Critical Thinking About Fables: Examining Language Production and Comprehension in Adolescents Purpose This study was designed primarily to determine if a critical-thinking task involving fables would elicit greater syntactic complexity than a conversational task in adolescents. Another purpose was to determine how well adolescents understand critical-thinking questions about fables. Method Forty adolescents (N = 20 boys and 20 girls; ... Research Article
Research Article  |   April 2015
Critical Thinking About Fables: Examining Language Production and Comprehension in Adolescents
 
Author Affiliations & Notes
  • Marilyn A. Nippold
    University of Oregon, Eugene
  • Megan W. Frantz-Kaspar
    University of Oregon, Eugene
  • Paige M. Cramond
    University of Oregon, Eugene
  • Cecilia Kirk
    University of Oregon, Eugene
  • Christine Hayward-Mayhew
    University of Oregon, Eugene
  • Melanie MacKinnon
    University of Oregon, Eugene
  • Disclosure: The authors have declared that no competing interests existed at the time of publication.
    Disclosure: The authors have declared that no competing interests existed at the time of publication.×
  • Correspondence to Marilyn A. Nippold: nippold@uoregon.edu
  • Editor: Rhea Paul
    Editor: Rhea Paul×
  • Associate Editor: Sarita Eisenberg
    Associate Editor: Sarita Eisenberg×
  • This is a companion article to Nippold et al., “Conversational and Narrative Speaking in Adolescents: Examining the Use of Complex Syntax,” JSLHR, doi:10.1044/1092-4388 (2013/13-0097)
    This is a companion article to Nippold et al., “Conversational and Narrative Speaking in Adolescents: Examining the Use of Complex Syntax,” JSLHR, doi:10.1044/1092-4388 (2013/13-0097)×
  • Copyright © 2015 American Speech-Language-Hearing Association
Article Information
Development / School-Based Settings / Research Issues, Methods & Evidence-Based Practice / Telepractice & Computer-Based Approaches / Normal Language Processing / Language / Research Articles
Research Article   |   April 2015
Critical Thinking About Fables: Examining Language Production and Comprehension in Adolescents
Journal of Speech, Language, and Hearing Research, April 2015, Vol. 58, 325-335. doi:10.1044/2015_JSLHR-L-14-0129
History: Received May 13, 2014 , Revised August 12, 2014 , Accepted November 5, 2014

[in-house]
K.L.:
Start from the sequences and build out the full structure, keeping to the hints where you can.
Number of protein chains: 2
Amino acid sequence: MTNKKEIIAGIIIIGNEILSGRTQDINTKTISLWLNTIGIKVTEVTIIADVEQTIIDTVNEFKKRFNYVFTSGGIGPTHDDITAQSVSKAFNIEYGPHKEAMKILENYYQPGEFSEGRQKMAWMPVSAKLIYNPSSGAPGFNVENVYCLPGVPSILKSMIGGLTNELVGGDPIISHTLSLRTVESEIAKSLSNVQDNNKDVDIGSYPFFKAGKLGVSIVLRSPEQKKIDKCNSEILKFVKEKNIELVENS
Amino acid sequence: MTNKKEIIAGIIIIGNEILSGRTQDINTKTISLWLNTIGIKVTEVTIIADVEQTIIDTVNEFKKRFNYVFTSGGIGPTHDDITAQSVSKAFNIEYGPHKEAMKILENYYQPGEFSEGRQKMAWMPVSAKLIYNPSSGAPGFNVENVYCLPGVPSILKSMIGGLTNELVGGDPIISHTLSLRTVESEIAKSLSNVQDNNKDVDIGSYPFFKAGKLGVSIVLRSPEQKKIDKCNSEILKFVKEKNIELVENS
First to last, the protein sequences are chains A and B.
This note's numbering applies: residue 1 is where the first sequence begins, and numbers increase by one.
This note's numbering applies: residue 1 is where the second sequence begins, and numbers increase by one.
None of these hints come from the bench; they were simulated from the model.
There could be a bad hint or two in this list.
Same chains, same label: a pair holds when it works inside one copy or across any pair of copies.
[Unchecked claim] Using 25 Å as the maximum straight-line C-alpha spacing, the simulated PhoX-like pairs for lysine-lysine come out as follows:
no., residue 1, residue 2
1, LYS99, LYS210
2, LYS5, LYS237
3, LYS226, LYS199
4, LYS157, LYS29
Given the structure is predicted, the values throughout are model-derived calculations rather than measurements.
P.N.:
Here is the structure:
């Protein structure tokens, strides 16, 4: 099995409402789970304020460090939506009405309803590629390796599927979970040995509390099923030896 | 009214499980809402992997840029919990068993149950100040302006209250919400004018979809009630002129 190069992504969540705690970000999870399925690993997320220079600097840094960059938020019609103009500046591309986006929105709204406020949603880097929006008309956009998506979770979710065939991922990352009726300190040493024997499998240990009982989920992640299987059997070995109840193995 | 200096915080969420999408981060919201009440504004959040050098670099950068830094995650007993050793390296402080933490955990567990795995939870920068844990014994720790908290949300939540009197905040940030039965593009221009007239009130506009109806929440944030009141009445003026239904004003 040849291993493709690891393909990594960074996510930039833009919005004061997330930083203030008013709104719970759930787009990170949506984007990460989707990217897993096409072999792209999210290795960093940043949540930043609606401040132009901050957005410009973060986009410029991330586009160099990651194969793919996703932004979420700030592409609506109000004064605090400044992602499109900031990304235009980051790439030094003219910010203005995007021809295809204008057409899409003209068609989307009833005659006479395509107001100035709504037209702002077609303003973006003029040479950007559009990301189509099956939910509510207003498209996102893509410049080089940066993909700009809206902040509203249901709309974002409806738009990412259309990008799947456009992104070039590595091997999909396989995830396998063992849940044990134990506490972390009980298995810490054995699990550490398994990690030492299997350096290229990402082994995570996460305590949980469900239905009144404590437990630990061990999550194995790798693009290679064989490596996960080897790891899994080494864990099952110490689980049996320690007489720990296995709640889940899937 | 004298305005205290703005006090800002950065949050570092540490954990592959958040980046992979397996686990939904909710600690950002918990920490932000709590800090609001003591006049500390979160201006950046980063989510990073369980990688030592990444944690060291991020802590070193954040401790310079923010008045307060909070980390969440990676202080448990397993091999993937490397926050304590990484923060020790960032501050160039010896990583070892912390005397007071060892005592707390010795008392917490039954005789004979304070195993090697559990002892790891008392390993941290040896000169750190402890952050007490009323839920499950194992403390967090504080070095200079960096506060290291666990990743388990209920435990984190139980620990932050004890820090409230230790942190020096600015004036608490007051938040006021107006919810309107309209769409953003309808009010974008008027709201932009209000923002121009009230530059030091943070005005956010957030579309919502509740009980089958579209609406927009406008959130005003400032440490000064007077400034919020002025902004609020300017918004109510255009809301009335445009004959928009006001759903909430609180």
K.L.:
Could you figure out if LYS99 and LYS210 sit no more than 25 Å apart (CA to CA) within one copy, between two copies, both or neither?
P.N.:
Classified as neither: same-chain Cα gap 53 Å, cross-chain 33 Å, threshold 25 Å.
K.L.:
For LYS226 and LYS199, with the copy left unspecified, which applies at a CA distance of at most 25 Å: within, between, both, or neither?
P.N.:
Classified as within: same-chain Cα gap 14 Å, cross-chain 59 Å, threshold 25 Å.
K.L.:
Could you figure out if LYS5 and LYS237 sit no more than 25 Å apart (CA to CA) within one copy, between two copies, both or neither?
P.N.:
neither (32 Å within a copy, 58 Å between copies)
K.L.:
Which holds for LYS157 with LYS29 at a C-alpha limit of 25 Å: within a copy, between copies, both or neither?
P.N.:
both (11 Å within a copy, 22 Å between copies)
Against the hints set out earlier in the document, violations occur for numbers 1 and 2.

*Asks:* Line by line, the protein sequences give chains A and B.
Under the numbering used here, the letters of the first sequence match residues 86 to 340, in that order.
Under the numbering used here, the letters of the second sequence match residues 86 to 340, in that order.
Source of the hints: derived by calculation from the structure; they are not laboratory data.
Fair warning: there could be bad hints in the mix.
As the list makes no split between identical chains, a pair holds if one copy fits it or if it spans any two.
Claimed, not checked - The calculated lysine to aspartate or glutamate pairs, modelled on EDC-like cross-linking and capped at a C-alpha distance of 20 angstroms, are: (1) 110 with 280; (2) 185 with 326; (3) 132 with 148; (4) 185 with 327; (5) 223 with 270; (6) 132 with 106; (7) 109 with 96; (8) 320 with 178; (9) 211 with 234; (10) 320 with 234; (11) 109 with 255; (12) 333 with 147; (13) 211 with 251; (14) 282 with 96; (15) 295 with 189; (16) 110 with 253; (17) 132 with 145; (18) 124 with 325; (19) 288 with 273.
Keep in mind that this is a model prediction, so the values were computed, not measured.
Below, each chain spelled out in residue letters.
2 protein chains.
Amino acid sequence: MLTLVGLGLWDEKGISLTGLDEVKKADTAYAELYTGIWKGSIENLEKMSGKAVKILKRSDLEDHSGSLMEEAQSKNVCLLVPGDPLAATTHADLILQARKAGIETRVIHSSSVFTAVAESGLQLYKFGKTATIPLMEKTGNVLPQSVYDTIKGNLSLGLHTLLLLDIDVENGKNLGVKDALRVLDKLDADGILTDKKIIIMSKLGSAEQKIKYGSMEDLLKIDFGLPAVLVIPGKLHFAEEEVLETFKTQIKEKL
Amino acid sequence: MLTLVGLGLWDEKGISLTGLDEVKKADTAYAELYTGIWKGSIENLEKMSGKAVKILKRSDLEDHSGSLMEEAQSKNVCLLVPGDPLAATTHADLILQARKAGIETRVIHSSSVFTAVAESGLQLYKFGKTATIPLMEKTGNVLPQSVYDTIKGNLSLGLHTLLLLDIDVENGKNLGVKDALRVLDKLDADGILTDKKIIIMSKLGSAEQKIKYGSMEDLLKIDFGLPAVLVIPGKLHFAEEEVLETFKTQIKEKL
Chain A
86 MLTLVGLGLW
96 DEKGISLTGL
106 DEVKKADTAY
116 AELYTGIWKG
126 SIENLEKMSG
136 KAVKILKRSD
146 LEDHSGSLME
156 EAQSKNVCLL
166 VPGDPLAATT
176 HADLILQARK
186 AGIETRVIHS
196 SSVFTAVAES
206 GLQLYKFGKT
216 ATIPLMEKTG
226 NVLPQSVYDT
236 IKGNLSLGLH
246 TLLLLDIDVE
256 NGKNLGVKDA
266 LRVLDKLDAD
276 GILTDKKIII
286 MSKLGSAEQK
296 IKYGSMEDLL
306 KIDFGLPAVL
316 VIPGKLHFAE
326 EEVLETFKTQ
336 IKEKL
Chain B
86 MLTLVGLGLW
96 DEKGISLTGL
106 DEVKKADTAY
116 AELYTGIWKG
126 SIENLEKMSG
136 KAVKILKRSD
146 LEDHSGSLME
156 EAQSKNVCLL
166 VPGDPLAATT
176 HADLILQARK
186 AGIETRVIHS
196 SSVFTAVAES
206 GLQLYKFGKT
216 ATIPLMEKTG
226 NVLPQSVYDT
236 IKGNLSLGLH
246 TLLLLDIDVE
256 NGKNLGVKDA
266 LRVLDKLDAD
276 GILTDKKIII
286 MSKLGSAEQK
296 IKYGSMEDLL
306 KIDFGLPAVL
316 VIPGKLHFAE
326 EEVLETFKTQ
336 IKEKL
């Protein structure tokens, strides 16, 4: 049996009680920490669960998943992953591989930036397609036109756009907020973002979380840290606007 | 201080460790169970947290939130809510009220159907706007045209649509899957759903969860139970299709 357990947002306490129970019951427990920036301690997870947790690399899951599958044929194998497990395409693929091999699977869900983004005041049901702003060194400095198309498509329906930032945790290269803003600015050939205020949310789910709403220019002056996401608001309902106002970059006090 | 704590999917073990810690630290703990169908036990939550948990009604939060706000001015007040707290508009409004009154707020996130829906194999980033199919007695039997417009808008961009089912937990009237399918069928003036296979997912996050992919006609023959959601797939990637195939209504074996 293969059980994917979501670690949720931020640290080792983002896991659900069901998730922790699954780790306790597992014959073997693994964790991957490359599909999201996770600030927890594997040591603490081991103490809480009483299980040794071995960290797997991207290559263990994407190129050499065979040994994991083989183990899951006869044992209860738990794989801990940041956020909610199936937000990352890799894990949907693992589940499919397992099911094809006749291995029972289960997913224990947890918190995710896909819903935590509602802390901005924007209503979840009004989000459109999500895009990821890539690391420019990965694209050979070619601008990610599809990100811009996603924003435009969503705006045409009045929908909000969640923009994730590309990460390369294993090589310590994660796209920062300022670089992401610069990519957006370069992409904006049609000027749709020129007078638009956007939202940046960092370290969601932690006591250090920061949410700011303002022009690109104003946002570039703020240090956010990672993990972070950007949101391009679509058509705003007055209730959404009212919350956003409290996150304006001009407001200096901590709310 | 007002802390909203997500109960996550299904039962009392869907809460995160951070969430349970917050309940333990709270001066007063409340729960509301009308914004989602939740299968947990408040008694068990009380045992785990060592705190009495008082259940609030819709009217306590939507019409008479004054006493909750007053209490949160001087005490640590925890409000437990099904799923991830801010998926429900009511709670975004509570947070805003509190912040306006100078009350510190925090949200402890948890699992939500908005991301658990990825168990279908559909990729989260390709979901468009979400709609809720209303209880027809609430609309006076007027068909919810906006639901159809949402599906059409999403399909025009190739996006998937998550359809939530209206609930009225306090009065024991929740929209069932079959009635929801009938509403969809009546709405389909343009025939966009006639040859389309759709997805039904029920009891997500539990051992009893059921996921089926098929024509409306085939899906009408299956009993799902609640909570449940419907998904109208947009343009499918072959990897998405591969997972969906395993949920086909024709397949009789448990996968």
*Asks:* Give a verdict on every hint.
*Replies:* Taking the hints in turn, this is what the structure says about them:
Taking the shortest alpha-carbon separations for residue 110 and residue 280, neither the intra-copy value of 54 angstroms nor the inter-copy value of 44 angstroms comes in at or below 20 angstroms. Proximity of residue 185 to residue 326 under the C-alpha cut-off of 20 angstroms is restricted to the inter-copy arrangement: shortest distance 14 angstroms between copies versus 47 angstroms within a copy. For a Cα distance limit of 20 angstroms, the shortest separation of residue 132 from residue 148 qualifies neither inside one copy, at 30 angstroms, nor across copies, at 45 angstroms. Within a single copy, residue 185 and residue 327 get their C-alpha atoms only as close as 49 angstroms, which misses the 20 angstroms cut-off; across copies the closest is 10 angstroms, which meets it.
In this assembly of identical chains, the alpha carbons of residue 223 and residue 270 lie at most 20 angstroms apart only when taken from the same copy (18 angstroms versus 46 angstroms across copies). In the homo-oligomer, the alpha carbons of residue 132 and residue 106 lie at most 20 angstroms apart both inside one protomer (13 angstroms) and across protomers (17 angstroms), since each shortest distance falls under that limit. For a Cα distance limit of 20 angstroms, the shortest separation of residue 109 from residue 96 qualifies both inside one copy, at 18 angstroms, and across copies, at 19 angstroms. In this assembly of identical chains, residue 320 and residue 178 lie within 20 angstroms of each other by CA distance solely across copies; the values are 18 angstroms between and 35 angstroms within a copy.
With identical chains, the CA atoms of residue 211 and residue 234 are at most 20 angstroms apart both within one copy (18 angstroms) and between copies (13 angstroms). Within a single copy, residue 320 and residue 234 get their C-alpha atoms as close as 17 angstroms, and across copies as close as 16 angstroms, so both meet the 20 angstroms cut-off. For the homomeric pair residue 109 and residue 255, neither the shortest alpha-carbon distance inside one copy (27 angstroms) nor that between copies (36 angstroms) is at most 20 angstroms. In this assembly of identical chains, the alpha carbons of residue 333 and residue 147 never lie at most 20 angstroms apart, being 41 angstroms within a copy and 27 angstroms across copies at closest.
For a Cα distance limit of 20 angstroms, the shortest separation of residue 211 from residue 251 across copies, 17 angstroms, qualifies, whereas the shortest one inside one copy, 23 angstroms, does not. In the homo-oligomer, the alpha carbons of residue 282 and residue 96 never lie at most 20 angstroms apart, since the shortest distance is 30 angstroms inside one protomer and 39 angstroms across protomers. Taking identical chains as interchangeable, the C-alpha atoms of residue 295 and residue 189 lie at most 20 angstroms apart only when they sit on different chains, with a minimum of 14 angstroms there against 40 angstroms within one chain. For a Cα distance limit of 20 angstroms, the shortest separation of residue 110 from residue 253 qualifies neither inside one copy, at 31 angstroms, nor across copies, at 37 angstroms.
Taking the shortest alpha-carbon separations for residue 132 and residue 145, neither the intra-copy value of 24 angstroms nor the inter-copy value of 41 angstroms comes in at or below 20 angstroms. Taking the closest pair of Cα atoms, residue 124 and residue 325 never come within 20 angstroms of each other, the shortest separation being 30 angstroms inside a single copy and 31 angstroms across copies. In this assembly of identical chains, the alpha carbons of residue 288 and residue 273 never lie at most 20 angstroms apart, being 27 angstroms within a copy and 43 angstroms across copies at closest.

Journal of Speech, Language, and Hearing Research, April 2015, Vol. 58, 325-335. doi:10.1044/2015_JSLHR-L-14-0129
History: Received May 13, 2014; Revised August 12, 2014; Accepted November 5, 2014

Purpose This study was designed primarily to determine if a critical-thinking task involving fables would elicit greater syntactic complexity than a conversational task in adolescents. Another purpose was to determine how well adolescents understand critical-thinking questions about fables.

Method Forty adolescents (N = 20 boys and 20 girls; mean age = 14 years) with typical language development answered critical-thinking questions about the deeper meanings of fables. They also participated in a standard conversational task. The syntactic complexity of their responses during the speaking tasks was analyzed for mean length of communication unit (MLCU) and clausal density (CD).

Results Both measures of syntactic complexity, MLCU and CD, were substantially greater during the critical-thinking task compared with the conversational task. It was also found that the adolescents understood the questions quite well, earning a mean accuracy score of 80%.

Conclusions The critical-thinking task has potential for use as a new type of language-sampling tool to examine language production and comprehension in adolescents.

Acknowledgments
We express gratitude to the adolescents who participated in the study; to their parents or guardians who granted them permission to participate; and to the administrators, principals, teachers, and librarians who assisted in scheduling the individual testing sessions.
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